I’ve heard some people complain that there isn’t enough housing inventory for people who want to purchase homes. For people who are willing to put sweat equity into the purchase of a distressed property, it’s a dream housing market. I live in Florida, which was hit hard by the Great Recession and housing collapse. Even though I don’t plan to move, I am interesting in buying a rental property. I am amazed by the short sales and foreclosures that keep hitting the real estate market every week. Even my peers who want to become “step-up homebuyers” are finding affordable foreclosures next door to million dollar homes. A recent piece by The Daily Ticker included an interview with Robert Shiller, who talked about a slowdown in housing. Evidently pending home sales are down 11 percent from one year ago. The cost of buying a home has meanwhile increased as mortgage rates climbed 1 percent compared to last year. A slightly higher interest rate won’t stop me from buying a rental property to generate income, but the extreme competition may.
Getting a chance to compete
According to The Daily Ticker, real estate investors may be pulling back. In my neighborhood, a short sale recently sold for $120,000 after being on the market for just two days. What’s astounding is that the same model home sold for $210,000 just one year ago. It’s difficult for everyday people to compete with sophisticated investors, but not impossible. If the big players take a respite from buying investment properties they can turn into rentals or flip for a profit, the average investor might have a chance to find bargains in real estate.
Avoiding new home construction
While some people are speculating whether it’s a new real estate bubble, I think that the real danger lies in buying overpriced homes. New home construction is considerably more expensive in my area compared to distressed properties and short sales. When I purchased my first single-family home in 2005, I was able to lock in a price when signing a contract. By the time we moved in one year later, our home had “appreciated” by $20,000. Some of my neighbors “flipped” a profit of $100,000 in two years during the housing bubble by simply selling their new construction homes purchased sooner than later. The difference now is the huge inventory of short sales and foreclosures that didn’t exist during the housing bubble.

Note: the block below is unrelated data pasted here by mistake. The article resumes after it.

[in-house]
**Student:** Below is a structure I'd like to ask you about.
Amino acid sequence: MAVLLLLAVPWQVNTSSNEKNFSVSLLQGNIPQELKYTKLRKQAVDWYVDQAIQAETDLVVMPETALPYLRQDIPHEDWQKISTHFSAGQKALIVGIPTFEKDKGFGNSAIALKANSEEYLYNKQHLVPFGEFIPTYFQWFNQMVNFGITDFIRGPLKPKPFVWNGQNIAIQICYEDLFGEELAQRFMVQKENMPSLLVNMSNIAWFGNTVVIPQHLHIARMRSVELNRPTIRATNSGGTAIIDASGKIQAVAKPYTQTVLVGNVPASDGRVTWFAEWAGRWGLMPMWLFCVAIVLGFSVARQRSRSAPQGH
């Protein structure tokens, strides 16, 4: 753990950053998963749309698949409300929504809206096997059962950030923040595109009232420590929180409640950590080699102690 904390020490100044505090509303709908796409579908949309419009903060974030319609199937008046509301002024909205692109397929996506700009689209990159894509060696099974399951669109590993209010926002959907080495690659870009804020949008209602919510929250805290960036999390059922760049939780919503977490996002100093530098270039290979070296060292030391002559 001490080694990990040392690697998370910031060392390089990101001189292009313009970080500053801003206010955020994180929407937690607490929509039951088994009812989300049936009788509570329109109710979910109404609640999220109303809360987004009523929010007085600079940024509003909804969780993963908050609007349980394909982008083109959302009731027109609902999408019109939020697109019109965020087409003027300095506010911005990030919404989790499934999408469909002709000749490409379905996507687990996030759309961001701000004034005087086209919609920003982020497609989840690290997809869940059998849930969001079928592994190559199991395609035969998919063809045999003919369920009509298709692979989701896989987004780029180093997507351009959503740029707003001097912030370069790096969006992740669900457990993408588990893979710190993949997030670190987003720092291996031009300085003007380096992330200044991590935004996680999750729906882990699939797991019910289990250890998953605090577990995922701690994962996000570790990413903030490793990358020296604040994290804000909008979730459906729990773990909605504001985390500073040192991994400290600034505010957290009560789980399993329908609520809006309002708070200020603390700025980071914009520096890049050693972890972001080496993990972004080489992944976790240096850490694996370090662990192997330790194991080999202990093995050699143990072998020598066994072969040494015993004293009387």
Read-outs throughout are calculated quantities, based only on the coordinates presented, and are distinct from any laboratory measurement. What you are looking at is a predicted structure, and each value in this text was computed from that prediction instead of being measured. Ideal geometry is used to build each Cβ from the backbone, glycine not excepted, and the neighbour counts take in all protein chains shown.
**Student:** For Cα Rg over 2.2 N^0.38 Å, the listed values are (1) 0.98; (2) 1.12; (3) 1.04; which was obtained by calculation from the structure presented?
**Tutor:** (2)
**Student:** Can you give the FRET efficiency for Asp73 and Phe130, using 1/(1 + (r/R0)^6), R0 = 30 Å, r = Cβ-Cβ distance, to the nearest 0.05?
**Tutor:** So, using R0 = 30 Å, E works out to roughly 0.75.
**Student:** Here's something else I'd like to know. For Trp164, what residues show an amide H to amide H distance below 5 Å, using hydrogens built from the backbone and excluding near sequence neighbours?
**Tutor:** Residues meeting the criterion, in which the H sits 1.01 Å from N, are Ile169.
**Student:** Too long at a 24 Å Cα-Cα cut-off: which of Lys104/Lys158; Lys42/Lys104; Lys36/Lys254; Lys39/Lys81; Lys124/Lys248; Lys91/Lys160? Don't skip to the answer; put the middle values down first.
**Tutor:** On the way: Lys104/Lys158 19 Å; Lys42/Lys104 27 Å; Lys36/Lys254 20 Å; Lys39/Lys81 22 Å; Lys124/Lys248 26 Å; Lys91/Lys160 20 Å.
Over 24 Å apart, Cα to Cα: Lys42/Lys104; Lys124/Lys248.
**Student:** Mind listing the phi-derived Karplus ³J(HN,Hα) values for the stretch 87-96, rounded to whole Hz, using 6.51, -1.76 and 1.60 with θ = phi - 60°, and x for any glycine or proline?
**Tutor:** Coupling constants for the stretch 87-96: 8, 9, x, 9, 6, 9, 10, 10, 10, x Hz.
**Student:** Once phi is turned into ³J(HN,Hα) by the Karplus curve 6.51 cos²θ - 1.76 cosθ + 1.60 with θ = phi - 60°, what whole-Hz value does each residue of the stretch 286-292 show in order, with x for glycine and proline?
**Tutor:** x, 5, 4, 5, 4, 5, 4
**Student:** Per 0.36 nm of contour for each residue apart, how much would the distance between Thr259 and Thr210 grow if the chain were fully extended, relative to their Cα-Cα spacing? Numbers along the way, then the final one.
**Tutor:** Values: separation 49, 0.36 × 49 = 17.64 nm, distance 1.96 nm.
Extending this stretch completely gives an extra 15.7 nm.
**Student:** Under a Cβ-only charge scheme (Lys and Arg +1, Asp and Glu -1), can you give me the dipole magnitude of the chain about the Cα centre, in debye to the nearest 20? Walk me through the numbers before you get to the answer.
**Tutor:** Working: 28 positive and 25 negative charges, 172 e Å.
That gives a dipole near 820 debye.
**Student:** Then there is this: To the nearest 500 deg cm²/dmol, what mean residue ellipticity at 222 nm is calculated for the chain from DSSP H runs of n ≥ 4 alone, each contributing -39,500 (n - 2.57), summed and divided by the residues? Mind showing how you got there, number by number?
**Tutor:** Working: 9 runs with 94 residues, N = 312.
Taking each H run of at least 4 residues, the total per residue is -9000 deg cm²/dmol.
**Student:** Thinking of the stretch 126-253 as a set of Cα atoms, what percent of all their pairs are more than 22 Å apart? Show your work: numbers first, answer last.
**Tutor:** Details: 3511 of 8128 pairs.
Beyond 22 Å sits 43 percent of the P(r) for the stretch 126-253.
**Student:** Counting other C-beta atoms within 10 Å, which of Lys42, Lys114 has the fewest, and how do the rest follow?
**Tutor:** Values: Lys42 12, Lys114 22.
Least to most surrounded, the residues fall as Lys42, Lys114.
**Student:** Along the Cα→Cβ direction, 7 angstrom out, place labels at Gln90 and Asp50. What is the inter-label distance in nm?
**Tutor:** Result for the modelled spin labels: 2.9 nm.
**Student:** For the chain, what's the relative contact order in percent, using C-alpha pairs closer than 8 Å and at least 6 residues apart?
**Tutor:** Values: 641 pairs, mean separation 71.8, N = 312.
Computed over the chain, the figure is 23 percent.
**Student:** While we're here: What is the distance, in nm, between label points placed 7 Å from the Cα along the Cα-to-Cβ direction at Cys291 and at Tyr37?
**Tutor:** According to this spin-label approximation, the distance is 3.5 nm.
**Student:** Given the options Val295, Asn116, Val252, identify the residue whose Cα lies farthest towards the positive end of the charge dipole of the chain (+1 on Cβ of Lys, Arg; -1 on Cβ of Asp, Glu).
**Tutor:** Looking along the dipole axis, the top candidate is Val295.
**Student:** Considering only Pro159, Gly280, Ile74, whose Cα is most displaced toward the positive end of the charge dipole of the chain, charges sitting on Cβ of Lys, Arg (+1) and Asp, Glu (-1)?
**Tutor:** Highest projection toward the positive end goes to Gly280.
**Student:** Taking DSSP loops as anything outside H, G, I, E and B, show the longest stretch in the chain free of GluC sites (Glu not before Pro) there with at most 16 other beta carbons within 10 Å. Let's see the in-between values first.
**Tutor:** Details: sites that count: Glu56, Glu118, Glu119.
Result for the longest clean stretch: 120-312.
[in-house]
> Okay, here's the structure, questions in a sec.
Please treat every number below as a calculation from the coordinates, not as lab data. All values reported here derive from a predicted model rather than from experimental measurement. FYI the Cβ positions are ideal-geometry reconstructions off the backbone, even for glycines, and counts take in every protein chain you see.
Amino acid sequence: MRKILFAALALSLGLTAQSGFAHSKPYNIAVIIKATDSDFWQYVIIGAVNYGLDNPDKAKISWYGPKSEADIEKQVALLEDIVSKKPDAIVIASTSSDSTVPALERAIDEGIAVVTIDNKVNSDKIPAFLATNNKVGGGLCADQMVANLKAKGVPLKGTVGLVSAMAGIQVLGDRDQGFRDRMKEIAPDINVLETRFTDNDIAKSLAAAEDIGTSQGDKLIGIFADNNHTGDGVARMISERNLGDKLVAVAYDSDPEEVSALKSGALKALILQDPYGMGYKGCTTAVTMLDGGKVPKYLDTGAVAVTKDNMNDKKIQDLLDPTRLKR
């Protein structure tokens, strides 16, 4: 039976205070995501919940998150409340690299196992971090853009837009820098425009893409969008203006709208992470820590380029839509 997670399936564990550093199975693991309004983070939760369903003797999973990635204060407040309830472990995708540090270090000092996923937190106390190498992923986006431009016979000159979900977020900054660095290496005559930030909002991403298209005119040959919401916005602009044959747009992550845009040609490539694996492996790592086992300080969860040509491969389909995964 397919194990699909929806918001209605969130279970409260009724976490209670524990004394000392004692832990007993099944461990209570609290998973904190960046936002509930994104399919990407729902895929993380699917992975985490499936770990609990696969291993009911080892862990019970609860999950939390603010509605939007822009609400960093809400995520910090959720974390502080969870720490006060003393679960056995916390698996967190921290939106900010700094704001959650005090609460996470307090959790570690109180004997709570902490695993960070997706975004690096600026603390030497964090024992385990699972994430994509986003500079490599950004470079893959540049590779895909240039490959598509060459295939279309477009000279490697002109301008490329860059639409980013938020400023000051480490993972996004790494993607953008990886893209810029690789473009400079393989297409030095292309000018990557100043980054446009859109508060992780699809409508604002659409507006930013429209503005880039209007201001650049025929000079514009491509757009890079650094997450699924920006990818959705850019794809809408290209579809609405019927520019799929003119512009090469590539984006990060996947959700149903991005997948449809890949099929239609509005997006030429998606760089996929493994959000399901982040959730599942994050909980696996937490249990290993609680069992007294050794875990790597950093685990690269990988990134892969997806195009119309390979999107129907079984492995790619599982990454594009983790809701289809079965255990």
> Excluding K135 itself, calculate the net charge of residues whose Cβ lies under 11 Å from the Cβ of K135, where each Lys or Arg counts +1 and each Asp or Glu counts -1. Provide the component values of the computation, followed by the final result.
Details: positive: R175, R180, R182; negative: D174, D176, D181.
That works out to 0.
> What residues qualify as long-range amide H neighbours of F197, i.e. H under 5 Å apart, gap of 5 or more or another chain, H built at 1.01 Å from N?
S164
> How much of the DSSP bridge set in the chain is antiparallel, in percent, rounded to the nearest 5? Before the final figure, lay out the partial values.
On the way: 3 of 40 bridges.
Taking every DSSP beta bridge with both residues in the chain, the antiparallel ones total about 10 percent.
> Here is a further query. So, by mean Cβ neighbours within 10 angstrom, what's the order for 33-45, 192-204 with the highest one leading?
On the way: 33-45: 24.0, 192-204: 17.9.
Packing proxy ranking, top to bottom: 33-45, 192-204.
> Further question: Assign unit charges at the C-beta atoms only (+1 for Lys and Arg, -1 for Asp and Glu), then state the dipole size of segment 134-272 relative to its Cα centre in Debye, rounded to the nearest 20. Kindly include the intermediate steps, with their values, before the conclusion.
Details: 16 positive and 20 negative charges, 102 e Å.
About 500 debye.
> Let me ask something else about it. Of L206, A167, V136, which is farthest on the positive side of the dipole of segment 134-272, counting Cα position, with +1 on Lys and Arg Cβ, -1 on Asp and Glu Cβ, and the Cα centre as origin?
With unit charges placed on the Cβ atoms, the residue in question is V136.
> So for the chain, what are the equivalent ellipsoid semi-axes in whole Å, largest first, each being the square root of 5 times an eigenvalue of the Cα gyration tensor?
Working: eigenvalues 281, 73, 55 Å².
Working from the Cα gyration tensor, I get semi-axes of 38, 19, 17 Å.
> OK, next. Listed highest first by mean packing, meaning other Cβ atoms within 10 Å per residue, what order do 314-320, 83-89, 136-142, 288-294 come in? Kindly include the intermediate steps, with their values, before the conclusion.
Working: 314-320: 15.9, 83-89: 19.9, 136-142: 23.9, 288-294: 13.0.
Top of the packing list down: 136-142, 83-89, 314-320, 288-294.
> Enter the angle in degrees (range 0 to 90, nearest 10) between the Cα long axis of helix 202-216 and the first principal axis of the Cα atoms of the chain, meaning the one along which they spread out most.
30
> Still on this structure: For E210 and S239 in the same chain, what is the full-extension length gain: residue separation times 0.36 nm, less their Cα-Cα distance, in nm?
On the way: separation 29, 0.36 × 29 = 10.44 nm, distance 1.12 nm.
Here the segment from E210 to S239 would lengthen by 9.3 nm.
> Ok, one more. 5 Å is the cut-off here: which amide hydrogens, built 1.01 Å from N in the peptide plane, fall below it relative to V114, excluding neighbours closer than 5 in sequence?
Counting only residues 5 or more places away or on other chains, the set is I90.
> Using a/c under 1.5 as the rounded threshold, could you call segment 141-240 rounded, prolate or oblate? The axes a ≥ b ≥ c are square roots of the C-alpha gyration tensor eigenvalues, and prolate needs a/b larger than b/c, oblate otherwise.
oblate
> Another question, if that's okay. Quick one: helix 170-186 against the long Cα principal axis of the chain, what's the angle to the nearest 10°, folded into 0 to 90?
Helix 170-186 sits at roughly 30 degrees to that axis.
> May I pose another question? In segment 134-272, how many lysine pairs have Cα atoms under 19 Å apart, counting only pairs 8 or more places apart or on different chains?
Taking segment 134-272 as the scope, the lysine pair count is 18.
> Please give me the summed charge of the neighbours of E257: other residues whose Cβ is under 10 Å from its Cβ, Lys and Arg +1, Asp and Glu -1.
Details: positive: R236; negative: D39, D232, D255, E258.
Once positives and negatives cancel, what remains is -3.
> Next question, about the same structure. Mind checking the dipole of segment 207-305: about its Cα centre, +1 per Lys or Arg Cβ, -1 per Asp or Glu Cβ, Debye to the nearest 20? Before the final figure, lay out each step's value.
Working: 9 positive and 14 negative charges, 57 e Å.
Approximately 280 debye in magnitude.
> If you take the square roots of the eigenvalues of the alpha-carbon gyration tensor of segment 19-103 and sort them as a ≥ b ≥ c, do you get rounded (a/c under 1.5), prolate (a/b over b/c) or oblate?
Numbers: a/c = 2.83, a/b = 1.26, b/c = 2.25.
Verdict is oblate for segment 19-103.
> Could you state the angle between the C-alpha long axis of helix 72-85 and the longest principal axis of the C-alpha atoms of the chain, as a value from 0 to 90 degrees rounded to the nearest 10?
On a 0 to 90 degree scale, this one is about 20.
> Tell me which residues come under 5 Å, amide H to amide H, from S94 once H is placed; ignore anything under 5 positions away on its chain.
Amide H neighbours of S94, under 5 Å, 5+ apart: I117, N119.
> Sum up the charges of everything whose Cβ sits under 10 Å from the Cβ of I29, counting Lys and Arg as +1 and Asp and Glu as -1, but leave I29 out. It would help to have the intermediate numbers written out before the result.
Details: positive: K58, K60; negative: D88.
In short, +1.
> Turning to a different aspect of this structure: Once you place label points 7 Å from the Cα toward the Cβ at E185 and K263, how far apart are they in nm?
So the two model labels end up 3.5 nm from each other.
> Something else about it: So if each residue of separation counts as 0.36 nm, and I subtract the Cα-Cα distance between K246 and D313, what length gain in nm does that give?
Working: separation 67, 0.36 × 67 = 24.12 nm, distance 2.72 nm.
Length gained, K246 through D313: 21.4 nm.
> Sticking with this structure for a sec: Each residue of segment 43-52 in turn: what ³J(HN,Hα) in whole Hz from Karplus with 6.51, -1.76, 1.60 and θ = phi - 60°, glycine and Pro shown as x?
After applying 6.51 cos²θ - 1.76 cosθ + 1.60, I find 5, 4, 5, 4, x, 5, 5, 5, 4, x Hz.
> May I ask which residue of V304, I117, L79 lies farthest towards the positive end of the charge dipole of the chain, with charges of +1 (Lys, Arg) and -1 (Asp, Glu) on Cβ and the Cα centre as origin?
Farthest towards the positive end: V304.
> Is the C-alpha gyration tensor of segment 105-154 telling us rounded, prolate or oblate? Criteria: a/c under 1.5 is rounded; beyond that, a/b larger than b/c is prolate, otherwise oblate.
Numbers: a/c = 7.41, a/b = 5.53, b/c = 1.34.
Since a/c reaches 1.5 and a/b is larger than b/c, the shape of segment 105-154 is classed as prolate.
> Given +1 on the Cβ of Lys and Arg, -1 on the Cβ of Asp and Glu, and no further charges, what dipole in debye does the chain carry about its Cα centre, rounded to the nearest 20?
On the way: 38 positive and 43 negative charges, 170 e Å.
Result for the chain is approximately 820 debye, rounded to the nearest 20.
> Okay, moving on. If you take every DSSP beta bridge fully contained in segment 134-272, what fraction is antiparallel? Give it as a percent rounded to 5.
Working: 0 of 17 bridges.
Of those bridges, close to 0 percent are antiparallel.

Fixing up foreclosures
I think in many cases people who purchase foreclosures and fix them up well are doing a service to people who live in a subdivision ravished by the housing collapse. One owner in my neighborhood spent at least $60,000 fixing up a home before trying to sell it. When she couldn’t get the asking price, she decided to live in the home. According to a recent article by USA Today, home flippers averaged a gross profit of about $58,000 per home flip in 2013. Flipping homes was profitable for people in the past year, which should continue on as long as people keep defaulting on their mortgages.
While I lost the chance to buy the investment property I found for $120,000, I have not given up. I have decided my best approach is to start paying closer attention to which homes are in pre-foreclosure so I can put in an offer the first day. I have written down what I can afford to spend on a rental property so I don’t get caught up in a bidding war. I’m also researching neighborhoods so I can pass on short sales and foreclosures in undesirable areas. I don’t think it’s a new housing bubble, but it’s a great time to buy a bargain.
More from this contributor:
What We Gave up to Buy Our Dream Home
I’m Happy in our Smaller Home
Selling my Home in a Day